Hemophilia is one of many types of blood clotting disorders. It’s a serious, but rare disorder that can lead to excessive blood loss. However, thanks to modern medicine, hemophilia is also treatable. Patients can always find the answers to their questions about medical issues at Sunrise Hospital and Medical Center. Our physicians are committed to providing helpful patient education and patient-centered care.
Who can get hemophilia?
Hemophilia is not a contagious disease. It’s an inherited disorder that is caused by a genetic mutation.
Hemophilia is more often diagnosed in males than females. Girls can be carriers of the genetic mutation, but not necessarily have the disorder themselves.
What happens to patients with hemophilia?
People with hemophilia don’t have enough blood-clotting proteins. This means that they are susceptible to excessive blood loss when they are injured.
Hemophilia can vary in severity, depending on the amount of blood-clotting proteins, or clotting factors, that are present in the bloodstream. The lower the level, the worse the bleeding can get.
For example, patients with mild hemophilia might not have much of a problem with small cuts and scrapes, although internal bleeding is still dangerous. Patients with severe hemophilia may suffer spontaneous bleeding.
Patients with hemophilia may experience complications, such as chronic joint pain if bleeding occurs in the joints. If bleeding occurs in the brain, patients may suffer from seizures or paralysis. Excessive blood loss may also lead to death.
How is hemophilia diagnosed?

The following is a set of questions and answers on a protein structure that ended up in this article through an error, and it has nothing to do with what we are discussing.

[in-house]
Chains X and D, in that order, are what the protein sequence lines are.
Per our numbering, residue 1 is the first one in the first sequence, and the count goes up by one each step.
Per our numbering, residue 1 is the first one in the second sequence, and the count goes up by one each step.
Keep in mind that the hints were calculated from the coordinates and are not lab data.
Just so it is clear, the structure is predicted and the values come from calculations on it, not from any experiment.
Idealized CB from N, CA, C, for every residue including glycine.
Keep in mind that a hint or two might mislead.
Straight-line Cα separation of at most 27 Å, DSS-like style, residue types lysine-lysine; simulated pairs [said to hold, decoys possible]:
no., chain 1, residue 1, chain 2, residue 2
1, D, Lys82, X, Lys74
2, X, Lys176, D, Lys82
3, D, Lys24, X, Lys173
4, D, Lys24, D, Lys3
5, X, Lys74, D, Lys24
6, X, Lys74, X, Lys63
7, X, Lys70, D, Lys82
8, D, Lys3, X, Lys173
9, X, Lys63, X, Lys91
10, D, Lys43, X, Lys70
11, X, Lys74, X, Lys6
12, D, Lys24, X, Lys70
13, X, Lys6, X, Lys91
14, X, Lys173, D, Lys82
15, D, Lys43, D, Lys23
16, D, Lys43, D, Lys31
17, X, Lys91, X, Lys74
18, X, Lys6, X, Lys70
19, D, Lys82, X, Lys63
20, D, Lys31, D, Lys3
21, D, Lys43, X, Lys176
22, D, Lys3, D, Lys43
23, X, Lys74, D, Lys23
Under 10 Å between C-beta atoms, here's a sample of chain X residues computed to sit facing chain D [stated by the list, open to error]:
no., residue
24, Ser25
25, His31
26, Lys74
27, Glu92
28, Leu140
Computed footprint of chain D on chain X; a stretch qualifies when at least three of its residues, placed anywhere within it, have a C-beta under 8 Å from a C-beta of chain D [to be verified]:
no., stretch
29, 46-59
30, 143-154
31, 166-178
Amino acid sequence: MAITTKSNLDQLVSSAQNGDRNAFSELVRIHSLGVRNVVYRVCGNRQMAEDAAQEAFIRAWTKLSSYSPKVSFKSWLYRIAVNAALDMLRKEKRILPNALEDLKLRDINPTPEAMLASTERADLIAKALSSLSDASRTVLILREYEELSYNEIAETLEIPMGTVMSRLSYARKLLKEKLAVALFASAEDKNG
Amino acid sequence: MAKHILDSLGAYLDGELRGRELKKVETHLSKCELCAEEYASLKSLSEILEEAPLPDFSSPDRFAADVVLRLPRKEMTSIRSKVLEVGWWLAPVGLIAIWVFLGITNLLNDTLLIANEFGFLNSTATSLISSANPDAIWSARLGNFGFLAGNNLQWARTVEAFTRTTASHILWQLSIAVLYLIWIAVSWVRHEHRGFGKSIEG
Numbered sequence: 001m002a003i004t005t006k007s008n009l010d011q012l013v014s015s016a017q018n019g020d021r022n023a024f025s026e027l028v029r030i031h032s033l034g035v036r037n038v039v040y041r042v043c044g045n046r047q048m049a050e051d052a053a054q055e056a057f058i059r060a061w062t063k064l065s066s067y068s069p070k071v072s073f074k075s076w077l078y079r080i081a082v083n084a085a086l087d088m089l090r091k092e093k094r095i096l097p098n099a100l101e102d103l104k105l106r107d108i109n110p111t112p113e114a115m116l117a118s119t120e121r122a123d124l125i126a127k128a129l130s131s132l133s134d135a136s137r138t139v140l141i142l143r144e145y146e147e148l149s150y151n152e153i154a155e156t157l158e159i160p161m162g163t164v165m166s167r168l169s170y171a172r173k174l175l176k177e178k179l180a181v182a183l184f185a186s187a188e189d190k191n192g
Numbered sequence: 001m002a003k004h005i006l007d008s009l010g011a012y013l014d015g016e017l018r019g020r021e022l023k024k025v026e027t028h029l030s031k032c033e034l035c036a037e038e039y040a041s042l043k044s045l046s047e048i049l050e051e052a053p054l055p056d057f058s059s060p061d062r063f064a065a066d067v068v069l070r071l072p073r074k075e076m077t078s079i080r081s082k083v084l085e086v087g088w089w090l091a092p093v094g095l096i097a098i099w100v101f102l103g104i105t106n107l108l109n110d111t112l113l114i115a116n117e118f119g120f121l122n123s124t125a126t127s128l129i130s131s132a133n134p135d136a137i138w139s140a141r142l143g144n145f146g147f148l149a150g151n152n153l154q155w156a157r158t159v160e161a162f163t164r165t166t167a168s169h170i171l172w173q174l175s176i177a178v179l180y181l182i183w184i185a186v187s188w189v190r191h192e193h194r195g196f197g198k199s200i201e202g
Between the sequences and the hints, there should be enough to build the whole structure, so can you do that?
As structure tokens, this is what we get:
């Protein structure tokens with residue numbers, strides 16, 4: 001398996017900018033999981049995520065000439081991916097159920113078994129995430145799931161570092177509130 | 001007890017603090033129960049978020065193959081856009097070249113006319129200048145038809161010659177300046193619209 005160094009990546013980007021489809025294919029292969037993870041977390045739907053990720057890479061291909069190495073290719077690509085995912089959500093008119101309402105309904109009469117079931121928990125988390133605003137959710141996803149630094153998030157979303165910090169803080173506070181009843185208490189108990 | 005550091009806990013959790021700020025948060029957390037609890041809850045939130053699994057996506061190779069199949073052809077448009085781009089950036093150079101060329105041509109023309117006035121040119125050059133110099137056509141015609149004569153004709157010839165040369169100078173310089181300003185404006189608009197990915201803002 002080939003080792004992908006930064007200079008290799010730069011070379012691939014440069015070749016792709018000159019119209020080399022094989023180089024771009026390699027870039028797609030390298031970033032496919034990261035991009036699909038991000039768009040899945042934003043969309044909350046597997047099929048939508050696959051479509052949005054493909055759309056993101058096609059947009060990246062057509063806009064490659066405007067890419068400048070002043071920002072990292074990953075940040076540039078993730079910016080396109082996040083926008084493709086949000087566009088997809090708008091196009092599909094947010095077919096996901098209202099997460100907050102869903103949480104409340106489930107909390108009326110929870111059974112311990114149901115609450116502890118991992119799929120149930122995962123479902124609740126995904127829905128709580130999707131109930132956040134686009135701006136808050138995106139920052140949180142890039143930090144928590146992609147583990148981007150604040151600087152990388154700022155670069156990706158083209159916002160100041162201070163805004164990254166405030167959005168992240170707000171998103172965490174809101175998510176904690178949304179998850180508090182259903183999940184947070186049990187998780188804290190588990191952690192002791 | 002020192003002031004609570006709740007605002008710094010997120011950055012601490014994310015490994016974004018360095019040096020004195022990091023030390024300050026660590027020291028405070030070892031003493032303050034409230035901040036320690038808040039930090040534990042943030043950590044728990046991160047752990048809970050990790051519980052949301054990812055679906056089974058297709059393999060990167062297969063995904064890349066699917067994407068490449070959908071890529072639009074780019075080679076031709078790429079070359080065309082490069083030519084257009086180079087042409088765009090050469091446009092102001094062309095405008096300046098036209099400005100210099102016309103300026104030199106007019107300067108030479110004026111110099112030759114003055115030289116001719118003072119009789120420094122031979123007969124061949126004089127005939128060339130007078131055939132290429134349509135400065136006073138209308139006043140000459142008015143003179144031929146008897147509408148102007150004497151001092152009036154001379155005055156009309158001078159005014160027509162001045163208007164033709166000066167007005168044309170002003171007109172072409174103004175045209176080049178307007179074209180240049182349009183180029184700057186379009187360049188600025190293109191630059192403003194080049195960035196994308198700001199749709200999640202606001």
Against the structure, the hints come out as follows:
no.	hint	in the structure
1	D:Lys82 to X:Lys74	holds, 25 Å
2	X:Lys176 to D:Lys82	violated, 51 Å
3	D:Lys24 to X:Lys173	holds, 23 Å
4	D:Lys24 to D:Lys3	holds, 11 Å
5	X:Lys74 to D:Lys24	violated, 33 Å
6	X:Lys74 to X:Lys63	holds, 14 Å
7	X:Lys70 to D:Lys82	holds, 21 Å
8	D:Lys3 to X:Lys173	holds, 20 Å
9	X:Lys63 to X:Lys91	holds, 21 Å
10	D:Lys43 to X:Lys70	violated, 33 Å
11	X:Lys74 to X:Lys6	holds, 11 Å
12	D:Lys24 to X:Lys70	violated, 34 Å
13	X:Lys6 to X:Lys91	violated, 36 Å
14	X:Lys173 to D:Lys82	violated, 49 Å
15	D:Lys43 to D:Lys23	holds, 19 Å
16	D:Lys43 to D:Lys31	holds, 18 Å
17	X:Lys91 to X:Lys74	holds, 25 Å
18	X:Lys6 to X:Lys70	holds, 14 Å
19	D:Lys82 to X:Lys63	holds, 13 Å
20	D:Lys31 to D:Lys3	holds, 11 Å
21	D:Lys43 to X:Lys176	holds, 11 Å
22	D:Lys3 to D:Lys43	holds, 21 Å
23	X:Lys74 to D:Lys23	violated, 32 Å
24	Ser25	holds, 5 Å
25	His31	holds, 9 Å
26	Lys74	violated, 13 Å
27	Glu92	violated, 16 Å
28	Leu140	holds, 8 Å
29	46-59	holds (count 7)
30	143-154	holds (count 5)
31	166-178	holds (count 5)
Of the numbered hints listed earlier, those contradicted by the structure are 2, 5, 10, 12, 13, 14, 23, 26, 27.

Since hemophilia is inherited, individuals will often be aware of a family history of this blood clotting disorder. Upon becoming parents, these individuals can request testing of newborns.
It’s also possible for a child to have hemophilia caused by a new gene mutation, which isn’t found in other family members. In these cases, the symptoms of the patient will lead the physician to suspect hemophilia.
How is hemophilia treated?
The standard treatment for hemophilia is to give patients infusions of blood-clotting factor. Patients can self-administer these infusions when bleeding episodes occur. In some cases, the physician may recommend regular use of infusions to lower the occurrence rate of bleeding episodes.
Sunrise Hospital and Medical Center is a state-of-the-art facility serving Las Vegas. In addition to treating blood clotting disorders, our highly trained physicians provide specialized stroke care and other emergency care services. Call (702) 233-5300 any time of the day or night to speak with one of our registered nurses.